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Several Indian Navy Climbers Dead, Others Missing, After Avalanche on Mt. Trishul

A 20-member expedition team was caught in a massive avalanche on October 1. Four climbers are confirmed dead, with two others still missing.

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A 20-member Navy mountaineering expedition in India’s Uttarakhand state was struck by an avalanche on October 1, while attempting to summit Mt. Trishul (7,120 meters). The avalanche directly hit ten of the 20 Navy climbers, along with several Sherpas, at around 5:30 a.m., when the group was a scant 1,300 feet from the summit. Post-avalanche, five of those expedition members were missing, along with one Sherpa. 

Four bodies were found and returned to Joshimath on October 2, but search efforts have yet to locate the fifth Navy climber, Lt. Cdr. Shashank Tiwari, and the unnamed Sherpa. 

According to the Indian Navy’s official Twitter account, the bodies recovered were those of Lt. Cdr. Rajnikant Yadav, Lt. Cdr. Yogesh Tiwari, Lt. Cdr. Anant Kukreti, and Master Chief Petty Officer MCPO II Hari Om. “Deeply anguished by the tragic death of four navy personnel,” Defence Minister Rajnath Singh wrote on Twitter. “The nation has not only lost precious young lives but also courageous soldiers in this tragedy.”

The Trishul massif consists of three summits. Trishul I, the highest of the trio (and the objective of the Naval team), is notable as the first 7,000-meter peak to have ever been summited, marking the highest elevation reached by humans at the time. English mountaineer Tom George Longstaff, who went on to become president of the prestigious Alpine Club, led the first summit team in 1907. The Alpine Club, founded in London in 1857, is widely considered to be the first club of its kind. (Photo: Supratim Ghosh/Getty Images)

The Navy’s Trishul expedition, which began its trek to base camp on September 14, was part of a variety of military events slated to mark the 50th anniversary of Swarnim Vijay Varsh. The holiday commemorates Indian intervention in the Bangladesh Liberation War in 1971, which resulted in the nation’s independence from neighboring Pakistan and the creation of the Bangladeshi nation we know today. A 3,700-mile motorcycle ride by 50 Navy motorcyclists and a 435-mile bicycle trip by Indian Air Force members took place as part of the celebration, as well.

Kamya Karthikeyan, a 13-year-old Indian girl who became the youngest person to summit Aconcagua (6,961 meters) in 2020 at the age of 12, was a part of the expedition, along with her father, who is a naval officer. The two are reported safe.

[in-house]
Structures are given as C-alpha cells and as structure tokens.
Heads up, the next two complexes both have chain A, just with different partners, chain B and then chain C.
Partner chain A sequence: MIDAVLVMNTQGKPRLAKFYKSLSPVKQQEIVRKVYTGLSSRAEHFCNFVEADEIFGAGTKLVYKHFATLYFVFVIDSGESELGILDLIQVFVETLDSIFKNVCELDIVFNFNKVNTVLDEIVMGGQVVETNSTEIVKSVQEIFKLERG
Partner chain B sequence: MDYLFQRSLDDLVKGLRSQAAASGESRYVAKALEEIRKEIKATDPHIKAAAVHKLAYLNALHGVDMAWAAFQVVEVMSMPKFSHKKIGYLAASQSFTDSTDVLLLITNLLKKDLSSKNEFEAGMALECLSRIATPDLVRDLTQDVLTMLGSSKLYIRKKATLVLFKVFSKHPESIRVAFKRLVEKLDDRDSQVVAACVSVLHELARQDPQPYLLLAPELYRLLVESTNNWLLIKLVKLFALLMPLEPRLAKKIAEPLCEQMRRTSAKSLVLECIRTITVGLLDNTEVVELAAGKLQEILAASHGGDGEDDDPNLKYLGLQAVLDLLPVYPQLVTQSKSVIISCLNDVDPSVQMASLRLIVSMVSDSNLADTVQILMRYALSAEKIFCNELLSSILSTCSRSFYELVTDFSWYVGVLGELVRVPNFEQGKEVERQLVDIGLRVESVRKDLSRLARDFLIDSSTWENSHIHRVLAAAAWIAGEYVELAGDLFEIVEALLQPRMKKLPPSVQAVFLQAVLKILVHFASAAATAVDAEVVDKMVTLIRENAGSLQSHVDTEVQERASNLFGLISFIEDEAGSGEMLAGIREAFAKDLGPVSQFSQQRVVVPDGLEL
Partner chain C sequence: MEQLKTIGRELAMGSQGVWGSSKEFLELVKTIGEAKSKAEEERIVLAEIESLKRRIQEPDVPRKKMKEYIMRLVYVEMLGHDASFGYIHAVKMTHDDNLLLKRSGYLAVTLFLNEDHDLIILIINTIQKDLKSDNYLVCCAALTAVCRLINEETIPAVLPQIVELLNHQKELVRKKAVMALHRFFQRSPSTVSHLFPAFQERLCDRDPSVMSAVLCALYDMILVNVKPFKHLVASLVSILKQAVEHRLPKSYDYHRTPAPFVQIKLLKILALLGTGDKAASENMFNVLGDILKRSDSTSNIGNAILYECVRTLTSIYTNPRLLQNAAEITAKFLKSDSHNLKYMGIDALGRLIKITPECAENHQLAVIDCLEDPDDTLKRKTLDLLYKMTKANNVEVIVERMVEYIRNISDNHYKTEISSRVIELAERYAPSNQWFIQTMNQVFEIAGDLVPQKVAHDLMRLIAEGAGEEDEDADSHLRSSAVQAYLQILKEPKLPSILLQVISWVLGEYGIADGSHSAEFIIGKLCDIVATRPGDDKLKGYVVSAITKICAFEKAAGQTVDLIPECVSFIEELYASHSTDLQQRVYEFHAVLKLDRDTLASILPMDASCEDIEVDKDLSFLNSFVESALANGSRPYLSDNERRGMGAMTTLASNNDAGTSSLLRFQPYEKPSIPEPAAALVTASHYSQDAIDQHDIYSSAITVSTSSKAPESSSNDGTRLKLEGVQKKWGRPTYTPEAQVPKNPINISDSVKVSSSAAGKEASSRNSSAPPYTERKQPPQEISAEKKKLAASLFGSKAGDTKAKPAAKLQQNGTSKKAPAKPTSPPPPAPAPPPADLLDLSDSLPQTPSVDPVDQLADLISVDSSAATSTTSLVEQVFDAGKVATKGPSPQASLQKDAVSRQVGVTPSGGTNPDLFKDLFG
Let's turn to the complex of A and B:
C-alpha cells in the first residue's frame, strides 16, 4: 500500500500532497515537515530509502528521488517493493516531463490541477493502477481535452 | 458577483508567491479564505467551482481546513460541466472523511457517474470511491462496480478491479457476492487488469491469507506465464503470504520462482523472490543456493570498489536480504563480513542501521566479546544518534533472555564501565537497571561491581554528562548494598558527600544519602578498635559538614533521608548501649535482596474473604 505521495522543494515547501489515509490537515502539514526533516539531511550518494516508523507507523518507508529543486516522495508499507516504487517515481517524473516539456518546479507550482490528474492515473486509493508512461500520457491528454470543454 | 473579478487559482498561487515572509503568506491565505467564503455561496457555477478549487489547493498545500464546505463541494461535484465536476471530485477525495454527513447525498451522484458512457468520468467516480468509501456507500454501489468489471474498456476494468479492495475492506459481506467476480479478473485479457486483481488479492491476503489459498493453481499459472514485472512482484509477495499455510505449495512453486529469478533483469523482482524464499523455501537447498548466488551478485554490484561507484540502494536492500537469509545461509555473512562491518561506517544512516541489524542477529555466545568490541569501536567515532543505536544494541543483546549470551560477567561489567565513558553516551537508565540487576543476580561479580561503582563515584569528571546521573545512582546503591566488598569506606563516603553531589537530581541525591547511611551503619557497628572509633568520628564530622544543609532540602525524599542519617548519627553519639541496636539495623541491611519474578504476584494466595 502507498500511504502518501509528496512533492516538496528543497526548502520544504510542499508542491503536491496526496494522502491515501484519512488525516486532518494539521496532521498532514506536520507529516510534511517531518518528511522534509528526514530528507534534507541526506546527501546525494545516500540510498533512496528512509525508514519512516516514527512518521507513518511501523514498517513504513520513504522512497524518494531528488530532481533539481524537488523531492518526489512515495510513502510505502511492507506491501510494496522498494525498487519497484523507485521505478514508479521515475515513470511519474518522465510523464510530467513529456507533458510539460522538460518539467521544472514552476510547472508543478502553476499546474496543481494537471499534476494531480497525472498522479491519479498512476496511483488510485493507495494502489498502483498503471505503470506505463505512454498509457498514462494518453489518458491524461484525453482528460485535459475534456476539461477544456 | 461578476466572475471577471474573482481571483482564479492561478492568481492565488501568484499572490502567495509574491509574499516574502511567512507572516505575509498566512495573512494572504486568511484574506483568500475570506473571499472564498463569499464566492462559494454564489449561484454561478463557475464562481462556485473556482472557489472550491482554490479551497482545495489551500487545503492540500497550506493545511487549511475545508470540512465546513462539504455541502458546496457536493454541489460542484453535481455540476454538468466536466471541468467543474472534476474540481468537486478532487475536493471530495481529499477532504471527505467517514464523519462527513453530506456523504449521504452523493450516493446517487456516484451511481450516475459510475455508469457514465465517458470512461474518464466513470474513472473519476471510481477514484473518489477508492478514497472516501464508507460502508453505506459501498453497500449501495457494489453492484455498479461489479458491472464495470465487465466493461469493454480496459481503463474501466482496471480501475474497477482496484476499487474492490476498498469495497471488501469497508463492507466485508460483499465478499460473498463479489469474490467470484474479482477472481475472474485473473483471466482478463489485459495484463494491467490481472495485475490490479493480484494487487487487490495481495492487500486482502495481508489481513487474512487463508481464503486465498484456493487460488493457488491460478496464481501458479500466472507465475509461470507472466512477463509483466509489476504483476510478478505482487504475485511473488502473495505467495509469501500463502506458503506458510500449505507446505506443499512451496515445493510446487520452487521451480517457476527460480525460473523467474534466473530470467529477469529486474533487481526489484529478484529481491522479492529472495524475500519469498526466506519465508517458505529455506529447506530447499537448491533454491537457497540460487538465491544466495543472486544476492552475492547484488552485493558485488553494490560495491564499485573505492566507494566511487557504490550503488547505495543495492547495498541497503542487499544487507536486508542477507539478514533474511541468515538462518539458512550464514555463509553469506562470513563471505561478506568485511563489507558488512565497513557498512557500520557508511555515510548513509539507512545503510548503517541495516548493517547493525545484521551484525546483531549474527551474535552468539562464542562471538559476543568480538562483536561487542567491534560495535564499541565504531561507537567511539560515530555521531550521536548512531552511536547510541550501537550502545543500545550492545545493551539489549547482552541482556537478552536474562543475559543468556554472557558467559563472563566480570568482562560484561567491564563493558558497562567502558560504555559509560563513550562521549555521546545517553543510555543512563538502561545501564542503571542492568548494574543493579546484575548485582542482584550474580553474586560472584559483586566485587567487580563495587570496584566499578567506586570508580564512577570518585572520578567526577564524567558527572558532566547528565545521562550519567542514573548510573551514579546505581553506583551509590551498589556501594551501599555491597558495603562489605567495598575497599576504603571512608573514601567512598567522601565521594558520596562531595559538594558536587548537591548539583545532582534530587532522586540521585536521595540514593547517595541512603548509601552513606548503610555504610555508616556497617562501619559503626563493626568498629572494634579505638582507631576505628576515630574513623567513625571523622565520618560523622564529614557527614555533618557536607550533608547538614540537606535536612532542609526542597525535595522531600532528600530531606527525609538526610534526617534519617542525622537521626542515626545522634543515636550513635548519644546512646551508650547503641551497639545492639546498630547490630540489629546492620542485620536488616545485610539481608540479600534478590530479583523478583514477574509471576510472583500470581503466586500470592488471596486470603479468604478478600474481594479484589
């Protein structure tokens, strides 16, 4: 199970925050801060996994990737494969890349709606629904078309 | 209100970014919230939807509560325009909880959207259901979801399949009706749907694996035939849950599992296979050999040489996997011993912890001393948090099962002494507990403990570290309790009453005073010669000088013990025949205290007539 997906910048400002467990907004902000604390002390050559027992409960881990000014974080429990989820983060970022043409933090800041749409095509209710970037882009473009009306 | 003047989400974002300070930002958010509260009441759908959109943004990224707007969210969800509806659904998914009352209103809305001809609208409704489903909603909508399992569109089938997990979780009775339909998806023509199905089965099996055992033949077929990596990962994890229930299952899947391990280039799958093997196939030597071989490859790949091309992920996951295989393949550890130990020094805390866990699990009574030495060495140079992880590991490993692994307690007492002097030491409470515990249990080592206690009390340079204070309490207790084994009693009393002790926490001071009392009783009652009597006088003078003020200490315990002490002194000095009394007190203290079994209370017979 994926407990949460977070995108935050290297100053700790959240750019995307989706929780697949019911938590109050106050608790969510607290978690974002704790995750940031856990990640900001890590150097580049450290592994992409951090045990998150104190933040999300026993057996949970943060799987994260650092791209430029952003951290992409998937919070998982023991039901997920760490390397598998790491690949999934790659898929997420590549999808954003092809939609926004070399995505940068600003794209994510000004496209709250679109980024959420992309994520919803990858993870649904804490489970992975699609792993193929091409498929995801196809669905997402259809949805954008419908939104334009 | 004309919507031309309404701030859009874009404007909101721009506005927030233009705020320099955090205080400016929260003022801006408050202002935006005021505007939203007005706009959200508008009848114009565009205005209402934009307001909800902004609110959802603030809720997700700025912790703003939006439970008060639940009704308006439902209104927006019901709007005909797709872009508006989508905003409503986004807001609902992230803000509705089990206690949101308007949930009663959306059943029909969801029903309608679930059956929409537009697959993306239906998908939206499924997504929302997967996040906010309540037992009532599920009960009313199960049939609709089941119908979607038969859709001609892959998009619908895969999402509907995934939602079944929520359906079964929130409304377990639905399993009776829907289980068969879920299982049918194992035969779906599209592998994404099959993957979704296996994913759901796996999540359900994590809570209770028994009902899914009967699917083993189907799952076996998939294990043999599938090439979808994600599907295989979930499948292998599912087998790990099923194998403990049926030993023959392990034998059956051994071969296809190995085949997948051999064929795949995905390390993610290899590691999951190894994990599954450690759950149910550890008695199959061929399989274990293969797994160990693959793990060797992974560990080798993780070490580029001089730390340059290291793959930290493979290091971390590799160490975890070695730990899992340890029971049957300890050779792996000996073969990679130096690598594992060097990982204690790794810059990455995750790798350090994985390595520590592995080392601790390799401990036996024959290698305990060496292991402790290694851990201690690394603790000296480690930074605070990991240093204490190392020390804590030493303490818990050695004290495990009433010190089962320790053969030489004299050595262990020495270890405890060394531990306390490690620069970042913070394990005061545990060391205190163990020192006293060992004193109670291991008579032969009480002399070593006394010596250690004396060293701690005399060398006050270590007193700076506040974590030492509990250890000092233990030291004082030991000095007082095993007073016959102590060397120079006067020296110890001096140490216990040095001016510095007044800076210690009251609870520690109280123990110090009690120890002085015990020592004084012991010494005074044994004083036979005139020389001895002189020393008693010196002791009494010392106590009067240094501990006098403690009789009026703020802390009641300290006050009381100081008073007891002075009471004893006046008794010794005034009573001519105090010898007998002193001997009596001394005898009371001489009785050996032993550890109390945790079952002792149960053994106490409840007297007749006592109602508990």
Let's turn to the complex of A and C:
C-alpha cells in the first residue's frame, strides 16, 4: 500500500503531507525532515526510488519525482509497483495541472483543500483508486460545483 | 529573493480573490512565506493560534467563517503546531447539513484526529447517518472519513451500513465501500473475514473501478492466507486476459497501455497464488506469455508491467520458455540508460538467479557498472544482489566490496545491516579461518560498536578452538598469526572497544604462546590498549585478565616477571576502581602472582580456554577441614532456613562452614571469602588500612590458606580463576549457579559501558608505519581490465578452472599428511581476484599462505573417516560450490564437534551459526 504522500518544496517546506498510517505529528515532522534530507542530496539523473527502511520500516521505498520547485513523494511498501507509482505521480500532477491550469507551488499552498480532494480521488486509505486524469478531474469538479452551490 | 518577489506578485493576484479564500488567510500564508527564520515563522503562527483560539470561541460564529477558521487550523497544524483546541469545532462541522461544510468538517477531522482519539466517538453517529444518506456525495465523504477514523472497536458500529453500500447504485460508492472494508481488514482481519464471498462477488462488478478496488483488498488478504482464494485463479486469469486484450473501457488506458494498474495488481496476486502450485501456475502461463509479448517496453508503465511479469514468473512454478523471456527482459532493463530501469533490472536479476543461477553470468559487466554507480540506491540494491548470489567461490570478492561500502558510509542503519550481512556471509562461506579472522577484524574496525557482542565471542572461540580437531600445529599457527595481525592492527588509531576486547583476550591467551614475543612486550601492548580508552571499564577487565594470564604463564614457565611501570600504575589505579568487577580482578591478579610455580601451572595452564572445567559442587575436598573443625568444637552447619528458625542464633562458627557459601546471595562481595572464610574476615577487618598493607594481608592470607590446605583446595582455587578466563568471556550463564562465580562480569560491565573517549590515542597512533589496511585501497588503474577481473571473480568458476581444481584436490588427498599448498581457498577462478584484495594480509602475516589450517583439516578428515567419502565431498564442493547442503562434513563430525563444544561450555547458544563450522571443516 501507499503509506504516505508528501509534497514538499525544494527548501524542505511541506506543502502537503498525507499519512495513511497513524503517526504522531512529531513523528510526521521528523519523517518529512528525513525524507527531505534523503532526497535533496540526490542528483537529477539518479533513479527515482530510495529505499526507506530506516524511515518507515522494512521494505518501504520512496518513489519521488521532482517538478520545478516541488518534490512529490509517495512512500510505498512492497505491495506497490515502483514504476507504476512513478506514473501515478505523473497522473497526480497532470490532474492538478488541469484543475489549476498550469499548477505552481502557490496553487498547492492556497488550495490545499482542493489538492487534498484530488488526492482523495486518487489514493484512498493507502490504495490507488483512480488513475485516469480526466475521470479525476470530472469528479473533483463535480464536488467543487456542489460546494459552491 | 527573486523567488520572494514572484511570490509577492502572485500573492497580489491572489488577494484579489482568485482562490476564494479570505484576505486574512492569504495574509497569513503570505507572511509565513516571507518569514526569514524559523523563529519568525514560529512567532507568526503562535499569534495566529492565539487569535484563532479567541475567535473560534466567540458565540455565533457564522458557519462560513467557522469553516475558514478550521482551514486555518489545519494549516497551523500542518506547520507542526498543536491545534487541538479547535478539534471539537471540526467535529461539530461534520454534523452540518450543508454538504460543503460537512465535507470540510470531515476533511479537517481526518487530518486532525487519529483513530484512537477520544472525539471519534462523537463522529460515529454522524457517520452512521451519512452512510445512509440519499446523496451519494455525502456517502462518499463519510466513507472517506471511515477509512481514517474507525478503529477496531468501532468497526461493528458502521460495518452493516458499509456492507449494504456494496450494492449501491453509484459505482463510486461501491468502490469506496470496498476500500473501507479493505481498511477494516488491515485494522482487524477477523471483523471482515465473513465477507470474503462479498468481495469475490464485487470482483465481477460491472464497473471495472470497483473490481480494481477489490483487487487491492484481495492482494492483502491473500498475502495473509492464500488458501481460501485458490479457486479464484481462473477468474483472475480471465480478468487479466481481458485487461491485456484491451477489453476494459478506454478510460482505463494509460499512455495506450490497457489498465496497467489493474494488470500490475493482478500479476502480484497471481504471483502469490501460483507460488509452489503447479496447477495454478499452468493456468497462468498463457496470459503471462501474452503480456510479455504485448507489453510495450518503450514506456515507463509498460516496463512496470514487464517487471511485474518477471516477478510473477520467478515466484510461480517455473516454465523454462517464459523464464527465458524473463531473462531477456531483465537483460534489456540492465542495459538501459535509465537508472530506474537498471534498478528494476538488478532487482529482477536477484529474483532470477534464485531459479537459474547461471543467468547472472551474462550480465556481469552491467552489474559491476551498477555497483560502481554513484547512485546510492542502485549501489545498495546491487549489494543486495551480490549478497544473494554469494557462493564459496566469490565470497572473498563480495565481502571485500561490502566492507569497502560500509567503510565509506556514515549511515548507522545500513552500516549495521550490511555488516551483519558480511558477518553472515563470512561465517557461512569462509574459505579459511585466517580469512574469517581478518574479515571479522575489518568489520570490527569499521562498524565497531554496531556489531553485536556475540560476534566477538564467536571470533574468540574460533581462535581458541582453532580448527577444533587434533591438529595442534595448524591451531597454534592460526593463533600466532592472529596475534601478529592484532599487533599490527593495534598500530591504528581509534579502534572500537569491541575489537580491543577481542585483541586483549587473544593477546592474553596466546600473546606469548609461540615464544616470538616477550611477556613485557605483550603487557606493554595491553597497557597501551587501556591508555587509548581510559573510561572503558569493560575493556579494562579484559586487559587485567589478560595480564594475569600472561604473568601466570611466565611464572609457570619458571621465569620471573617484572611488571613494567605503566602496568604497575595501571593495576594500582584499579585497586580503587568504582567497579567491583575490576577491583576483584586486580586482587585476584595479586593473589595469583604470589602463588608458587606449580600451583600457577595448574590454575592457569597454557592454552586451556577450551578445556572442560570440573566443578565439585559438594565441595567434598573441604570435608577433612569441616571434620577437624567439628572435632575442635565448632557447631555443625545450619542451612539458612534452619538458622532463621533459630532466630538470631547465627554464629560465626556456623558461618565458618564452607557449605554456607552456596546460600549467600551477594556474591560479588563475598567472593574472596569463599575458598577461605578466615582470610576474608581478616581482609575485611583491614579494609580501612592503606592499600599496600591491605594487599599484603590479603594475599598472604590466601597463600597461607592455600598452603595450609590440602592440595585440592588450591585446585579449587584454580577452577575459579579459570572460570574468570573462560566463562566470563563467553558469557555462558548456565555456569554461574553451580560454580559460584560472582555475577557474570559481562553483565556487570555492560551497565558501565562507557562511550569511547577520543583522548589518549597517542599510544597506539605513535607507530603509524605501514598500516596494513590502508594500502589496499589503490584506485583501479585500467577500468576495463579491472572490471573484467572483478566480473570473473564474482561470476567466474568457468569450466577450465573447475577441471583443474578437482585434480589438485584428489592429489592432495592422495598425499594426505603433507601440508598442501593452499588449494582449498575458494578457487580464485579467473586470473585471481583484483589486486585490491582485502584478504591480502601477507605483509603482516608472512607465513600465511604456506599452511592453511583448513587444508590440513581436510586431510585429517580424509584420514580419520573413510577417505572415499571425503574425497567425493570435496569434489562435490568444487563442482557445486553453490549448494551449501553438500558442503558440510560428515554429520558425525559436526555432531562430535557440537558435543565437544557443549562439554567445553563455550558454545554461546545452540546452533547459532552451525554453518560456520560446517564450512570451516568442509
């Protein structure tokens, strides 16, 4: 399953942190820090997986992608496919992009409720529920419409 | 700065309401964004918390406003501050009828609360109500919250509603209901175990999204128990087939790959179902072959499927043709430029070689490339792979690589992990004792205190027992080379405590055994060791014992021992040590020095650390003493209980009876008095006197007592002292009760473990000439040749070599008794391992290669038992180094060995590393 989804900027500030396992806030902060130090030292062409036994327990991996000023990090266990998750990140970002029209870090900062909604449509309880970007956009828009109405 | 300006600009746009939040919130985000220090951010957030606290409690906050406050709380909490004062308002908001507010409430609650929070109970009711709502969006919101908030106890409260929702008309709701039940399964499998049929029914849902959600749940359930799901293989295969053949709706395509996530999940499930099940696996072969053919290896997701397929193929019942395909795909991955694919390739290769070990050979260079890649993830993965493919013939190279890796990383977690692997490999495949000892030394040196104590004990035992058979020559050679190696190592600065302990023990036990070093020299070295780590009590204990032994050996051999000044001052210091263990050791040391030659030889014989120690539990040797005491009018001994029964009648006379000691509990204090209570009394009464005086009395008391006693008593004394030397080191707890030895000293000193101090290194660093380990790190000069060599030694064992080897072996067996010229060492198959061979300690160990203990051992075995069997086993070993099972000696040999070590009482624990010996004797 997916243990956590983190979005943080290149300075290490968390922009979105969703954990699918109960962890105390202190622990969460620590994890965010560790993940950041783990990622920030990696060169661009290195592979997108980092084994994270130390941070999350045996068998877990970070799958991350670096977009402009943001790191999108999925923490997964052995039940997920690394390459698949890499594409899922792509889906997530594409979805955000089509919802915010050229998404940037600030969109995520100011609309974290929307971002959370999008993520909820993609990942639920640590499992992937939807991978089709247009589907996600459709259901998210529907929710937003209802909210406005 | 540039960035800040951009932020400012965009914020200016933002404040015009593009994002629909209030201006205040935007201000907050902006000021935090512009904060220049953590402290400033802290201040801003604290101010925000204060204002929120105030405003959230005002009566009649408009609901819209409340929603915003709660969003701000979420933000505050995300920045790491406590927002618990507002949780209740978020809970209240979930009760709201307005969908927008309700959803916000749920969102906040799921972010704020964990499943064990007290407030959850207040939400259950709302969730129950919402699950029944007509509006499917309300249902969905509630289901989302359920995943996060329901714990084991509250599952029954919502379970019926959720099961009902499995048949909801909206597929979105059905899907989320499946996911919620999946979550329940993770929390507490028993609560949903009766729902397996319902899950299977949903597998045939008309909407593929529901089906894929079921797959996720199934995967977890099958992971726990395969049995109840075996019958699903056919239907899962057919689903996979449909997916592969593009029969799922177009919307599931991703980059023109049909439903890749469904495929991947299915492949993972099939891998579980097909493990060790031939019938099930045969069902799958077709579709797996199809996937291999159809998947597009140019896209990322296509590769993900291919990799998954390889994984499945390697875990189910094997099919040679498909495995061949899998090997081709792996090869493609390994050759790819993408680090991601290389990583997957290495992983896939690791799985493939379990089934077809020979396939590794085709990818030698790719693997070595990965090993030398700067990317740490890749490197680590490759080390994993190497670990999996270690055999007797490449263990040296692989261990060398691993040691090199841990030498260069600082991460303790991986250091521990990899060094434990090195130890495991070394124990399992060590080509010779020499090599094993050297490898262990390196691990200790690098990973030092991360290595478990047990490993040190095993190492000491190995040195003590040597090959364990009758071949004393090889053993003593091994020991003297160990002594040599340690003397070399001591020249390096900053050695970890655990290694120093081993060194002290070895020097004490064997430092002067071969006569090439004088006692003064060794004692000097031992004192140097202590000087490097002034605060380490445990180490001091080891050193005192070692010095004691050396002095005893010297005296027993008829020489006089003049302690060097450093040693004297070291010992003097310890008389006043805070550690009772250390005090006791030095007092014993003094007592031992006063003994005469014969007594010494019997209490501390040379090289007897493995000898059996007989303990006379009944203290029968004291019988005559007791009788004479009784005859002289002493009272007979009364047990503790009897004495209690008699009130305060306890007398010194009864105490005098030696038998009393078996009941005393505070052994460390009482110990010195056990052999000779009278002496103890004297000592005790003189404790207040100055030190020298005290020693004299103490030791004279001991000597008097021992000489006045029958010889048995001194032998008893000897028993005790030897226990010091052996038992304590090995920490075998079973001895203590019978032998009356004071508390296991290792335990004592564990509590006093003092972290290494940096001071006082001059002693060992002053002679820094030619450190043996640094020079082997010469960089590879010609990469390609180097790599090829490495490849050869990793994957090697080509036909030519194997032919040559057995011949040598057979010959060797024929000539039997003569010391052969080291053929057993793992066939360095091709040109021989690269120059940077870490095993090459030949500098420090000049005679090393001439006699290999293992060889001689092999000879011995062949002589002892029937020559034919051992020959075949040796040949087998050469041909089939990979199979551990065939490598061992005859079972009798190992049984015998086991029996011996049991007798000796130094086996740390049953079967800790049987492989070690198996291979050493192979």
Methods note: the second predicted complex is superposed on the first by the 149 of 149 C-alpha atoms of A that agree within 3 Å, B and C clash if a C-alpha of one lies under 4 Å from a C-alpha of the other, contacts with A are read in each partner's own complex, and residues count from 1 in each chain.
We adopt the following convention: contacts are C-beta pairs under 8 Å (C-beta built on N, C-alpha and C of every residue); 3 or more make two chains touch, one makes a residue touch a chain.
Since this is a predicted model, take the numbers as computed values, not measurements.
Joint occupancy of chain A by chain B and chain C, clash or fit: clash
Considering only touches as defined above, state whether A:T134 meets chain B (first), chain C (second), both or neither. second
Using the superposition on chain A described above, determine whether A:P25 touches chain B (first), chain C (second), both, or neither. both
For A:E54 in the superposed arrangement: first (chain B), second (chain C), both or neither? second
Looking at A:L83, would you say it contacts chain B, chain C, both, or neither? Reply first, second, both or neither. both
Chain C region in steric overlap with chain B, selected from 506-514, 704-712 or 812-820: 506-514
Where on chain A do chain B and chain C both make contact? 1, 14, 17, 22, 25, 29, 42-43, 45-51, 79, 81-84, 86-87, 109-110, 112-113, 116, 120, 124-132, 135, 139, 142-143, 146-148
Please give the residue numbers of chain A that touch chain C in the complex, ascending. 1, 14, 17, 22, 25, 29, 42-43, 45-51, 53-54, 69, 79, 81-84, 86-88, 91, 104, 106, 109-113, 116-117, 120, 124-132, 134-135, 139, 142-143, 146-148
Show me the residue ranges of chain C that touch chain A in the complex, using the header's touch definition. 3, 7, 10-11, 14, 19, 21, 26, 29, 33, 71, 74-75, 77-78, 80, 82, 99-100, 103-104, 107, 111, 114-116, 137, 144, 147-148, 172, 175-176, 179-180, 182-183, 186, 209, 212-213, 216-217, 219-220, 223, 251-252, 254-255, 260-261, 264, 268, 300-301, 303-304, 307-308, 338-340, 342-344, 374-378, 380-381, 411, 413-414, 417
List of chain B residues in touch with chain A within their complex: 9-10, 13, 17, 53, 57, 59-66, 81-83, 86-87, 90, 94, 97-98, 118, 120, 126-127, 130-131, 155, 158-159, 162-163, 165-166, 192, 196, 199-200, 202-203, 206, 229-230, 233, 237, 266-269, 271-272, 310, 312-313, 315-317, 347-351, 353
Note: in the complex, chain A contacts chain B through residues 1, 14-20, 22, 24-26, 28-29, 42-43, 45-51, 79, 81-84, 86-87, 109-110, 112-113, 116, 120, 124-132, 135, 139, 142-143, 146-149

All the deceased were accomplished mountaineers and athletes, with dozens of summits of prominent Indian peaks, including Stok Kangri (6,153 meters), Kun Peak (7,077 meters), Abi Gamin (7,355 meters), and Kamet (7,756 meters) between them. 

All four of the men whose bodies have been recovered, Rajnikant Yadav, Anant Kukreti, Yogesh Tiwari, and Hari Om, participated in the Indian Navy’s 2017 Everest expedition together. All except Tiwari summited, reaching the “Roof of the World” via the South Col. The team carried a ceremonial Navy ice axe, emblazoned with the Naval Ensign, to plant on Everest’s summit. Prior to the ascent, another team of Navy divers took the same axe to the bottom of the sea off the Indian Coast.

Shashank Tiwari, another member of the 2017 Everest expedition and the first to summit, is the fifth climber missing on Trishul, along with the unnamed Sherpa.

Yogesh Tiwari and Yadav held a world record together, for covering 11 mountain passes by cycling 560 miles non-stop in 90 hours. Five of the 11 passes were among the highest motorable passes in the world. “Cycling for me is an addiction,” Tiwari told The Hindu in 2016. I sometimes cycle throughout the night till my office hours begin.” Both were accomplished ultrarunners, as well. Tiwari set a course record on India’s Hell Race High 5 in 2019, running five marathons over five high-altitude passes in as many days.

The Indian Navy’s last update on the search came on October 5, reporting that search efforts via helicopter and ground teams of Indian Army personnel were underway. A team of expert climbers from the Nehru Institute of Mountaineering (NIM), led by Colonel Amit Bisht, were spearheading operations.

“Time is crucial in such rescue operations. It determines the chances of survival,” Bisht told the Times of India. “We lose valuable time picking up and dropping off rescue forces and equipment. Had there been a helipad at NIM and with other rescue agencies, we could have acted faster.”


Owen Clarke is a freelance writer living on the road. In addition to spending time in the mountains, he enjoys motorcycles, heavy metal, video games, and key lime pie. 

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